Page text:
After Trump won the election, Israeli Prime Minister Benjamin Netanyahu said he has known Trump for years and that the president-elect is “a true friend of the State of Israel.” Bibi also said he believes a Trump Administration “will continue to strengthen the unique alliance between our two countries and bring it to ever greater heights.”

Those last three words — “ever greater heights” — were a clear signal that the Israeli prime minister feels our relationship over the past eight years has not necessarily been the best it could have been. It also suggests that Donald Trump may be an even greater friend to Israel than past Republican presidents.

Days after the election, Trump said, “I love and respect Israel and its citizens. I look forward to strengthening the unbreakable bond between our two great peoples. I know well that Israel is the only democracy in the Middle East, and that it is the only one that defends human rights, and that it is a ray of hope for many people.”

President-elect Trump and Prime Minister Netanyahu spoke the day after the election. Their conversation was described as “warm and heartfelt” and Trump invited Netanyahu to meet with him at the White House “at the first opportunity.” This contrasts with what can at best be described as an “icy” relationship between Obama and Netanyahu.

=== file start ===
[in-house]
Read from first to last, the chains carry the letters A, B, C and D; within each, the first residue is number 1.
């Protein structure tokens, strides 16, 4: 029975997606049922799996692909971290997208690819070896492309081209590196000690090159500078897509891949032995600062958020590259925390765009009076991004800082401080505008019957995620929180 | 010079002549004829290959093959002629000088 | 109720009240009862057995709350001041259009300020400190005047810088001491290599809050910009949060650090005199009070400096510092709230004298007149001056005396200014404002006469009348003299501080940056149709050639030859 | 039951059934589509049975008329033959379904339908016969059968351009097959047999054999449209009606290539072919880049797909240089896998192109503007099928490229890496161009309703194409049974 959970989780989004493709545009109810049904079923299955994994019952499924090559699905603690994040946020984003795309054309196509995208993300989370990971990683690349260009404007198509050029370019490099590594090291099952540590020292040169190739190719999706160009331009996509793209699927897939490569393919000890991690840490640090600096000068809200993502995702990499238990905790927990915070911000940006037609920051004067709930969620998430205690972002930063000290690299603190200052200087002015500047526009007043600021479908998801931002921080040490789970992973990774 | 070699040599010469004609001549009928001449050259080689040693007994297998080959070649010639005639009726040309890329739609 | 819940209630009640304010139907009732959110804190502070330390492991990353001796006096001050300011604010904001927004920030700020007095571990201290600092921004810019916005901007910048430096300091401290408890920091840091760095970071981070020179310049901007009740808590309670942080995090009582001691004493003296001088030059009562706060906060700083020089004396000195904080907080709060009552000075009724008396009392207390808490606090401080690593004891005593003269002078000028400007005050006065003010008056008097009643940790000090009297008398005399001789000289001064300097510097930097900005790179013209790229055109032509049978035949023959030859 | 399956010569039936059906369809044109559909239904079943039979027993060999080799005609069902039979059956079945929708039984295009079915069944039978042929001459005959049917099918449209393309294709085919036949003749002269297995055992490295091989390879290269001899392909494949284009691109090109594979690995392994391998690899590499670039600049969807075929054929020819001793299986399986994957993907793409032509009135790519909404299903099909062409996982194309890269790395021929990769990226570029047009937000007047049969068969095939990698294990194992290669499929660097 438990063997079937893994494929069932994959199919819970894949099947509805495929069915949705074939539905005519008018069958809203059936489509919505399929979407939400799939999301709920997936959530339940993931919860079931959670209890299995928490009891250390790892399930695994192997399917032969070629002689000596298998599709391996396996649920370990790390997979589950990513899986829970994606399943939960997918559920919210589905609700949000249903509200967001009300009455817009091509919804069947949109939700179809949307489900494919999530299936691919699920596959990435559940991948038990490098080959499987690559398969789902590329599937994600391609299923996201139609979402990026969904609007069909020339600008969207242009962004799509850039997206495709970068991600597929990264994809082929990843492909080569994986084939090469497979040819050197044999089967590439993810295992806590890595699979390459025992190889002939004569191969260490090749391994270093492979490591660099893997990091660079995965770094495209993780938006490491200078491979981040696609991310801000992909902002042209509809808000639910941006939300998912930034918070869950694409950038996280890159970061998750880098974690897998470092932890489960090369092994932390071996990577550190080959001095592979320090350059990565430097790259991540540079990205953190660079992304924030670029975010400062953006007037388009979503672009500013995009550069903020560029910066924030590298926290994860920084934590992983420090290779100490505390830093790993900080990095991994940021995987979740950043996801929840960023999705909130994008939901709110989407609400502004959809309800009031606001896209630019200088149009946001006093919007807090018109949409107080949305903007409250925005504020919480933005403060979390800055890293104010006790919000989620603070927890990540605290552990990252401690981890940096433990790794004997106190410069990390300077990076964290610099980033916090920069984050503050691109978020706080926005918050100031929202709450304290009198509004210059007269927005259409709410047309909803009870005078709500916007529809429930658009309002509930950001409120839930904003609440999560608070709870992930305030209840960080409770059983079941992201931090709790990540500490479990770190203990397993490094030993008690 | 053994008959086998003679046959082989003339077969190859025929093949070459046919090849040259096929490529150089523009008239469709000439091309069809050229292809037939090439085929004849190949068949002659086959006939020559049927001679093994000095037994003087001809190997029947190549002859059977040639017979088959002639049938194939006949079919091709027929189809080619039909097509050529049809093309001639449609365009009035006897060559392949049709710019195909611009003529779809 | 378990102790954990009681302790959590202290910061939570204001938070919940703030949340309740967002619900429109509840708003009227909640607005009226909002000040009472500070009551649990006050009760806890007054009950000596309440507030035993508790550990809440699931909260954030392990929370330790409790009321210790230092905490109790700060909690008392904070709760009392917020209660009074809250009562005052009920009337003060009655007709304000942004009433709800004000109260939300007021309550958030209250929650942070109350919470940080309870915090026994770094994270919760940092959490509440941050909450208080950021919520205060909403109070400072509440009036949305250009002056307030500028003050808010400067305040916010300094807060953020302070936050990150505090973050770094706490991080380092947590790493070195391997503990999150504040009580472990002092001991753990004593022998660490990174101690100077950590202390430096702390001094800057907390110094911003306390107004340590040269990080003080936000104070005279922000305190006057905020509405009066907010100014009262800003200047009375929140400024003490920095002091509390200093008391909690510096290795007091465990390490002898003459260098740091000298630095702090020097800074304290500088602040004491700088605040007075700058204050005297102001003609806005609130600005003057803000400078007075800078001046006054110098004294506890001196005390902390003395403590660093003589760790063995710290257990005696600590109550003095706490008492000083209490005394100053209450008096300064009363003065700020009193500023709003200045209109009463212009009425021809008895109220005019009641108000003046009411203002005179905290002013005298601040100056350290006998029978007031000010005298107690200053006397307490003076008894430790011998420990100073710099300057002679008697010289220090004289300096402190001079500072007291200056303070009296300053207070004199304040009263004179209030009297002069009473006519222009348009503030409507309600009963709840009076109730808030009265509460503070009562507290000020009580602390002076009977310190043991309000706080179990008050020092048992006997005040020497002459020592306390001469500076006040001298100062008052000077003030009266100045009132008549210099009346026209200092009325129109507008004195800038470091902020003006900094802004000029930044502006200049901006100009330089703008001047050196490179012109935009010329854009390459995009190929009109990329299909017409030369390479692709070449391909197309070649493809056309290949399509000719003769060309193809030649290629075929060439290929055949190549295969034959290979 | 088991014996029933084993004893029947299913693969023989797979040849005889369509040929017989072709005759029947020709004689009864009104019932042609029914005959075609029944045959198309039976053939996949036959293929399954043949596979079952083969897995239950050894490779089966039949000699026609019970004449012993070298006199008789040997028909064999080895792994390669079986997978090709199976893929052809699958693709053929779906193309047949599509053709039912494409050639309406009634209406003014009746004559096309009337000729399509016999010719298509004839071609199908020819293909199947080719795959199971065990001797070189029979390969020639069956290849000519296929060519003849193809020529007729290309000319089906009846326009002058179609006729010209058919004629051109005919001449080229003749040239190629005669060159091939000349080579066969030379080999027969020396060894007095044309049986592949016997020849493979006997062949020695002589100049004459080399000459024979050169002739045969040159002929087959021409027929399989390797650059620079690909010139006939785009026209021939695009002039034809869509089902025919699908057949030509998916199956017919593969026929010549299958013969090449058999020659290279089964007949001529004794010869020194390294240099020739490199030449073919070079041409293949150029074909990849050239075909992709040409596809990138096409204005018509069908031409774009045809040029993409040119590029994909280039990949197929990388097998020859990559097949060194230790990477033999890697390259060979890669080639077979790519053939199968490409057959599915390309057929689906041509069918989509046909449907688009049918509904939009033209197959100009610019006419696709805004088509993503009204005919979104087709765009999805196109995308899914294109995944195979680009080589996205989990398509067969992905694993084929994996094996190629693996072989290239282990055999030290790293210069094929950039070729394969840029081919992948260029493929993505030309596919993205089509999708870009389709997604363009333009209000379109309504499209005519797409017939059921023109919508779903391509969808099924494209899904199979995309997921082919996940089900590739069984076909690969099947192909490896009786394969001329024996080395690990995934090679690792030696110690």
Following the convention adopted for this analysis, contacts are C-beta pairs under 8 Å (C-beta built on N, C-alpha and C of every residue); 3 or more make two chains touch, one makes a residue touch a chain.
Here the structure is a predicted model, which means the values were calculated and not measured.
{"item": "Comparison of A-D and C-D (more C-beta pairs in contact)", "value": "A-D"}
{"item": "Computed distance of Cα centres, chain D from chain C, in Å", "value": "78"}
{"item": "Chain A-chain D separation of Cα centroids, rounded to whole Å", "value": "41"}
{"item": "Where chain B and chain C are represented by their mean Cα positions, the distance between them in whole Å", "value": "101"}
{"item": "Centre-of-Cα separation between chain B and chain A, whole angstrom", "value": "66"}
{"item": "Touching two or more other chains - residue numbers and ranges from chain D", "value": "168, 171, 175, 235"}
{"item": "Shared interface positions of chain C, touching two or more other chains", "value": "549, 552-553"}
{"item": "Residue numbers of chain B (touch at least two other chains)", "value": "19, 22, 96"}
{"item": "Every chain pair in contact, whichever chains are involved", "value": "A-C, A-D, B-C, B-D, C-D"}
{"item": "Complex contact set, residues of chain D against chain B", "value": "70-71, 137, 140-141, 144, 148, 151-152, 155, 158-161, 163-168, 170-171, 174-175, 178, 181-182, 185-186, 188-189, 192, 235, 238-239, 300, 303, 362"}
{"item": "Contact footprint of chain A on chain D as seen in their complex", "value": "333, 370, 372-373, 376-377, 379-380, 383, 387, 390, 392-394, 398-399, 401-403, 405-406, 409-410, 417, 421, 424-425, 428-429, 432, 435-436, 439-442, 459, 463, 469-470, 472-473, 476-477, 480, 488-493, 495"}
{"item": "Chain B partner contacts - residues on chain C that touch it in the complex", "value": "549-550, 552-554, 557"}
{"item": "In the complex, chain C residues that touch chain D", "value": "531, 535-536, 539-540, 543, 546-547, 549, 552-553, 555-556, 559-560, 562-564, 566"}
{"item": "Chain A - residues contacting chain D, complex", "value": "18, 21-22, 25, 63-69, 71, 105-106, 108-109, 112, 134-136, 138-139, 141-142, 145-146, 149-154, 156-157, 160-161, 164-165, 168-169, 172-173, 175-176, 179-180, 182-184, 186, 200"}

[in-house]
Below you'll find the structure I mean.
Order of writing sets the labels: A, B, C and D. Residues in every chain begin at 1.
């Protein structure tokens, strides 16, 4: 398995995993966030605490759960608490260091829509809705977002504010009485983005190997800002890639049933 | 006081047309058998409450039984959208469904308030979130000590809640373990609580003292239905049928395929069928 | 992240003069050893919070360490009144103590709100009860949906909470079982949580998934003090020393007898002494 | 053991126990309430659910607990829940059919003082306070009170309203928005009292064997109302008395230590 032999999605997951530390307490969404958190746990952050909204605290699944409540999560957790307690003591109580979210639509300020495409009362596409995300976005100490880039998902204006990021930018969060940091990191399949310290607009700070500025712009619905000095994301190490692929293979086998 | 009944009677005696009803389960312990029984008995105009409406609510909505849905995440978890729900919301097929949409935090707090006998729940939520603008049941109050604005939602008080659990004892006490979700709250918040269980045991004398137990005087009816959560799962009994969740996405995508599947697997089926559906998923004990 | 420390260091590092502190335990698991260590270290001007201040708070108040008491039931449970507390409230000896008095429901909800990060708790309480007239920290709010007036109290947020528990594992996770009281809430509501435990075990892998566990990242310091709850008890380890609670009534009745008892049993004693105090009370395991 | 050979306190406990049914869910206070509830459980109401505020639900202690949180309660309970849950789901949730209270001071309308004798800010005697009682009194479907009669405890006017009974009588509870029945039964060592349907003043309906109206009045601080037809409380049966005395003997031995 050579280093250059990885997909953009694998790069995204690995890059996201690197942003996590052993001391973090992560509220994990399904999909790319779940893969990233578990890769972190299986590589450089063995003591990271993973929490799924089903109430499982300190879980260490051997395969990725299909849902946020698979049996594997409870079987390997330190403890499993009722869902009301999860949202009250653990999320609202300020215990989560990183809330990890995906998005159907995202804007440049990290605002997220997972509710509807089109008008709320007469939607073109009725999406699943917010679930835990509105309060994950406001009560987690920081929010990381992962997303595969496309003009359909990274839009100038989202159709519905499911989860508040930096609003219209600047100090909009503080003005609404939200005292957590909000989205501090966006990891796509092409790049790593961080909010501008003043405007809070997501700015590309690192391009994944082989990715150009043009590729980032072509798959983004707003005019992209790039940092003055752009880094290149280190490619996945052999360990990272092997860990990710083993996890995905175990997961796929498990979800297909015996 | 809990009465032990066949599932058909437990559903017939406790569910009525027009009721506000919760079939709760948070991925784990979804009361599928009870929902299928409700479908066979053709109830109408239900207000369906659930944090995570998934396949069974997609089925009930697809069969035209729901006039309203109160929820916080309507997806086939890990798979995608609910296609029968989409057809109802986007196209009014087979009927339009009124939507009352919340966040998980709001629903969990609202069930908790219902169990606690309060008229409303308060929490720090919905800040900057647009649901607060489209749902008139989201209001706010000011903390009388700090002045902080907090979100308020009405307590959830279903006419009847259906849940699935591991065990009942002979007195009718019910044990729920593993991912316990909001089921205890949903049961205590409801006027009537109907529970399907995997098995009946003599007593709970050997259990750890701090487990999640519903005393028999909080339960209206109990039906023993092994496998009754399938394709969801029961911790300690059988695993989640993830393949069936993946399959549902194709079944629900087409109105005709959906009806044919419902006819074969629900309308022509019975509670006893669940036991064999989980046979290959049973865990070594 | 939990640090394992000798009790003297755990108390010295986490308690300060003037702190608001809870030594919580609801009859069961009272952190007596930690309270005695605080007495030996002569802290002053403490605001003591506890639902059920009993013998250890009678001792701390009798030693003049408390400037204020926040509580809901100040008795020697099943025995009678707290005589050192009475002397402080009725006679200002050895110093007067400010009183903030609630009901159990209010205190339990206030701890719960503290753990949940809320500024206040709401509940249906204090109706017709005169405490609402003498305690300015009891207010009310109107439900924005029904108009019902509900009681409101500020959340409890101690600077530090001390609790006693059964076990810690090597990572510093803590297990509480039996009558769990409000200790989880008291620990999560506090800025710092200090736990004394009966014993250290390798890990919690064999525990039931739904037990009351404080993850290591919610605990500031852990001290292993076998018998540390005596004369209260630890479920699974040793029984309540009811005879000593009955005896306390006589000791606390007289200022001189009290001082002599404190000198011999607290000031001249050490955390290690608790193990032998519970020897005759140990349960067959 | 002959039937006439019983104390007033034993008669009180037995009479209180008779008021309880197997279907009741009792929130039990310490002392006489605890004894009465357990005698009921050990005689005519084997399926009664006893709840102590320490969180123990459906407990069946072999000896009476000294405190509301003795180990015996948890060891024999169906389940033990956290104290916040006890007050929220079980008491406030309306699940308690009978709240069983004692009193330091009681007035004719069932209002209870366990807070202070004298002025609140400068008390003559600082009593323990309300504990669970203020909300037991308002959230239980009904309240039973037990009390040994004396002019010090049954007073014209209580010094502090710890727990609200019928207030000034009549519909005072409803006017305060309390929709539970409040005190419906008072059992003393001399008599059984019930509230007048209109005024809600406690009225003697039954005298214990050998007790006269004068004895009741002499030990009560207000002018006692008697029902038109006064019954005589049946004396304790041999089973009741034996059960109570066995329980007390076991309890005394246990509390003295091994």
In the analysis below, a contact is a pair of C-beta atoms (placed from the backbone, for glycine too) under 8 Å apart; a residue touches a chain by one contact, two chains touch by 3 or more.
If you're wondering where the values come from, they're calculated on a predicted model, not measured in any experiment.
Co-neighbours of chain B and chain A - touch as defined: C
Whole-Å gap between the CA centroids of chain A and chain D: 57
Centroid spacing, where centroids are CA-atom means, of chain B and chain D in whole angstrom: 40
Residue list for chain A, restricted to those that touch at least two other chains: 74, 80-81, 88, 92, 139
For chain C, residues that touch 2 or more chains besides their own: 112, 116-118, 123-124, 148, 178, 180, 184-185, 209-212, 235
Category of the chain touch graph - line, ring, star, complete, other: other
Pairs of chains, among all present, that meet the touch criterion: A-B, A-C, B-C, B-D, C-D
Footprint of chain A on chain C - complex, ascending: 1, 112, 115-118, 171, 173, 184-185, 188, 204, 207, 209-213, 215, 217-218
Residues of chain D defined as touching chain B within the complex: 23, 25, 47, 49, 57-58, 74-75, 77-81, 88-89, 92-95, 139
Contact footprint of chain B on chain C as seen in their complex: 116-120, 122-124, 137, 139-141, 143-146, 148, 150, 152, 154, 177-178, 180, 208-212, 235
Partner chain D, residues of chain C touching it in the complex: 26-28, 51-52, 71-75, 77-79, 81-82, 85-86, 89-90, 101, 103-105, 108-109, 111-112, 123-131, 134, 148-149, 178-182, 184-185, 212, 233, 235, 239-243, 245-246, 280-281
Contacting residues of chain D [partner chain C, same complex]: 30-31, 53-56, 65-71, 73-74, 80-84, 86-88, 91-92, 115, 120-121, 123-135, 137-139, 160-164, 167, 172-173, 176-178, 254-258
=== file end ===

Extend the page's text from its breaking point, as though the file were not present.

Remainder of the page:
Likewise, Isaac Herzog, who leads Israel’s Zionist Union Party, sounded an optimistic note after Trump was elected. He said that with Trump’s win, “I am convinced that the security and economic alliance between Israel, and our strongest ally in the United States, will continue to strengthen under your presidency.”

All of this helps explain why Trump enjoyed such strong support among Israeli citizens. A March poll in Israel found that Trump was Israel’s favorite Republican candidate. A plurality also said that Trump would be the best candidate at “representing Israel’s interests.”

Trump advisors have also stated that his administration will ask the Justice Department to investigate coordinated attempts on college campuses to intimidate students who support Israel.

It is also revealing that Trump chose Indiana Governor Mike Pence as his running mate. Pence had a strong pro-Israel record during his years in Congress, and he traveled with Christians United for Israel to the Holy Land in 2014.

I have known Mike Pence for many years and consider him a close, personal friend. His support for Israel derives from his strong, evangelical faith. He once said, “Let me say emphatically, like the overwhelming majority of my constituents, my Christian faith compels me to cherish the state of Israel.”

Many journalists and pundits have said that Trump’s position on Israel is “unclear.” But on multiple fronts, the transition between President Obama and President Trump is revealing major differences in policy and politics. The biggest may be on America’s relationship with Israel.

America’s millions of Christian Zionists look forward to working with the new administration and Congress to strengthen the US-Israel alliance and defend Judeo-Christian civilization.

Gary Bauer is the Washington Director of the Christians United for Israel Action Fund.

About the Author
Gary Bauer is the Washington Director of the Christians United for Israel Action Fund.